Soros: Bilateralism is ‘dangerous’

06/10/2009 | Anthony Rowley

Soros warns of market fragmentation

Veteran financier George Soros yesterday voiced concern that the globalized system of finance that evolved in the run-up to the global crisis is beginning to give way to a more fragmented system of “bilateral rather than multilateral financing”.

He cited the growth of “state capitalism” in China as an example, and said that the trend toward reserves-rich nations becoming major providers of funds to partner countries – instead of global capital markets serving this function – is “dangerous.”

It could “cause conflict between states”, Soros claimed at a seminar in Istanbul. Already, in the wake of the financial crisis “alternative systems are beginning to manifest themselves,” he said.

Reregulation is needed in the aftermath of major deregulation of the global financial system, but it needs to be done in a coordinated way across national jurisdictions, he stressed.

Otherwise, there will be regulatory arbitrage and “capital will go to where it is best treated”, he said. If financial reregulation is not done now, the impetus for reform will quickly fade.

The crisis is already beginning to “seem like a bad dream and people are waking up and hoping that it will just go away,” Soros said. “Your need reregulation but it is not going to be easy.”

Former World Bank chief economist Joseph Stiglitz charged yesterday at a separate briefing that the global financial system has become “bloated” and needs to be “downsized and restructured”.

Stiglitz, now professor of economics at Columbia University, called for a kind of “pollution tax” to be imposed on financial institutions, because of the way in which they poisoned the system with toxic assets.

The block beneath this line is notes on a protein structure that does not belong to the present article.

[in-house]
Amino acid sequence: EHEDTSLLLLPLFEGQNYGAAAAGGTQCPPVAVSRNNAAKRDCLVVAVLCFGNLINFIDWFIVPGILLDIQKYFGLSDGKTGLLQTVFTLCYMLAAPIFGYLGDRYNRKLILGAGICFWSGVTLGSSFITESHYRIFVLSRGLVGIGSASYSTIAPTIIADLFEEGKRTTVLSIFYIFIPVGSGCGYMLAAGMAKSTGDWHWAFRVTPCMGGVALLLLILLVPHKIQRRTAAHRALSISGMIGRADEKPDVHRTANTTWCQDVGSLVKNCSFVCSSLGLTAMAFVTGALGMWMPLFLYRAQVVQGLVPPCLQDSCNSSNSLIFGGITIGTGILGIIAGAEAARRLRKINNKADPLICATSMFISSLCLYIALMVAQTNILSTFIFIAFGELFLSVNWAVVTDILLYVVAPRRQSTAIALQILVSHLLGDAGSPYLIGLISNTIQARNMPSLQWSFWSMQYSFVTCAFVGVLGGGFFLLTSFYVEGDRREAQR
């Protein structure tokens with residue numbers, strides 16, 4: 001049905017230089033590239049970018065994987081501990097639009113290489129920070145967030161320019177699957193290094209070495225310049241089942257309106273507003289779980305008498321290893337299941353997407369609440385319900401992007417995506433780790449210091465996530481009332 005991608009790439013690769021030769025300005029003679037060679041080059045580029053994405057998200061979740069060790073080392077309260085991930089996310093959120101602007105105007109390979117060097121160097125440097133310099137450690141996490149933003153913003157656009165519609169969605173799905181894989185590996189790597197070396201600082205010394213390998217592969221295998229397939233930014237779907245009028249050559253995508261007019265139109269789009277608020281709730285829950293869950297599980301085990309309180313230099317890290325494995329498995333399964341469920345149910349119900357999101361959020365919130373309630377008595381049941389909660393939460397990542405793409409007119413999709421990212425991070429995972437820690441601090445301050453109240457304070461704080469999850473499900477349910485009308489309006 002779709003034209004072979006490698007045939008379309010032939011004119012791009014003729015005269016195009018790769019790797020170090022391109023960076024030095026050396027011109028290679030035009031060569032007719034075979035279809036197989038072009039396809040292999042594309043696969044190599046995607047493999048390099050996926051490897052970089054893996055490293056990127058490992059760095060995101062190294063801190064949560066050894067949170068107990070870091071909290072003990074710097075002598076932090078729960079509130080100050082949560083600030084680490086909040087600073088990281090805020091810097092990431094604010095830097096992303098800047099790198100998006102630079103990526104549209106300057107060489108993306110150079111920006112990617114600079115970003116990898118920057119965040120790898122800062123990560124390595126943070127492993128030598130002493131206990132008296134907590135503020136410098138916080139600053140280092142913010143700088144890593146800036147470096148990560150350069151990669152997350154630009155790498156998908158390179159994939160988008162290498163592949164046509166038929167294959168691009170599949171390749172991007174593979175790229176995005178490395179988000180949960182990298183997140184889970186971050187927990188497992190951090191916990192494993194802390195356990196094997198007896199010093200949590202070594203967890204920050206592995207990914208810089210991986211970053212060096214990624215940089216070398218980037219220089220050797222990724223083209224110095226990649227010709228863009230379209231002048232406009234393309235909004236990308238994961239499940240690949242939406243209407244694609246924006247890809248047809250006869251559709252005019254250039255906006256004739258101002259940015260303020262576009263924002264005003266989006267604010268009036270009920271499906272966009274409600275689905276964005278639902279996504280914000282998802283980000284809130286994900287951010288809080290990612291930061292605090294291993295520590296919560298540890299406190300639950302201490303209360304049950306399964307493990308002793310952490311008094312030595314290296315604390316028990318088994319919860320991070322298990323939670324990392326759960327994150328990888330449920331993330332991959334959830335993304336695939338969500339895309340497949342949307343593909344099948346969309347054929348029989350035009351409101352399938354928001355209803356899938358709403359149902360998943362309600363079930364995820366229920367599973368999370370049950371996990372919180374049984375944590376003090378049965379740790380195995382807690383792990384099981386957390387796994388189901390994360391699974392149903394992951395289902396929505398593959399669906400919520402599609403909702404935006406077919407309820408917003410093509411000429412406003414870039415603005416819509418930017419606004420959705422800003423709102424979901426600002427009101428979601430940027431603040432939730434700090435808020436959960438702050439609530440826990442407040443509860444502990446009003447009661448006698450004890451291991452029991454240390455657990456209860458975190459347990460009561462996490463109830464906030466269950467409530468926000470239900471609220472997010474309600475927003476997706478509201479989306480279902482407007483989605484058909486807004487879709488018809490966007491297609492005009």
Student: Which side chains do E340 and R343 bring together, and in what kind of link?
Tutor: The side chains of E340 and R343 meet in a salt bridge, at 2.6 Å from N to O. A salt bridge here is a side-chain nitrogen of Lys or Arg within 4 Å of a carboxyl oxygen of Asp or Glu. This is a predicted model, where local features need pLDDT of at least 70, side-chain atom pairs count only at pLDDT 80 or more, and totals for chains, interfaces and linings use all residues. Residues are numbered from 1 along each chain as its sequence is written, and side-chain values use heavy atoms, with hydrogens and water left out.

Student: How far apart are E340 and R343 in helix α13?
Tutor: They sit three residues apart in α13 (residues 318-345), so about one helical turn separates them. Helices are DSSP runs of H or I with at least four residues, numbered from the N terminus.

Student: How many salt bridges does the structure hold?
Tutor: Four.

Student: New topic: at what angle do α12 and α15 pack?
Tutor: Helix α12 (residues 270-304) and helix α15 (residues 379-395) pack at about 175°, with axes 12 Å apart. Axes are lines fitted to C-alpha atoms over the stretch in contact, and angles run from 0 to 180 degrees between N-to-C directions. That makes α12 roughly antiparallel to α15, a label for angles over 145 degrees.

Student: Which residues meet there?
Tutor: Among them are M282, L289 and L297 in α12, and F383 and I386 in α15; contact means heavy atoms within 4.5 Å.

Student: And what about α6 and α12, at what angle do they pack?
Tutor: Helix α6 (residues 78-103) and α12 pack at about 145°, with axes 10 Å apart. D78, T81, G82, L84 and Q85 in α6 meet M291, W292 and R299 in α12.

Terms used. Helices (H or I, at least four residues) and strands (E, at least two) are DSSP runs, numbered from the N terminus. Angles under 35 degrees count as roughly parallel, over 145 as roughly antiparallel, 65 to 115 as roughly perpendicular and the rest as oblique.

It is also only fair that banks and other institutions pay a tax to compensate for the “massive subsidies” that some of them have received by way of state-funded final bailouts, he argued.

Stiglitz pointed out that financial sector profits comprised more than 40% of total corporate profits in the US before the onset of the crisis. Finance had become “an end in itself rather than a means to an end”.

The financial sector needs to be reregulated following sweeping deregulation in recent years, but it also needs to be downsized and restructured, he said. “There is also a consensus that you ought to tax the financial sector.”

He cited as justification for a special financial sector tax the fact that the US Congress “voted $700 billion of aid” to the financial sector at the outset of the crisis. “This is equal to ten years of [US] foreign aid,” he added.

The Istanbul meetings have provoked extensive debate on how extensive and severe re-regulation of banks and other financial institutions should be in the wake of the financial crisis. Strong arguments in favour of regulation have been countered by claims that over-regulation could stifle global economic recovery.

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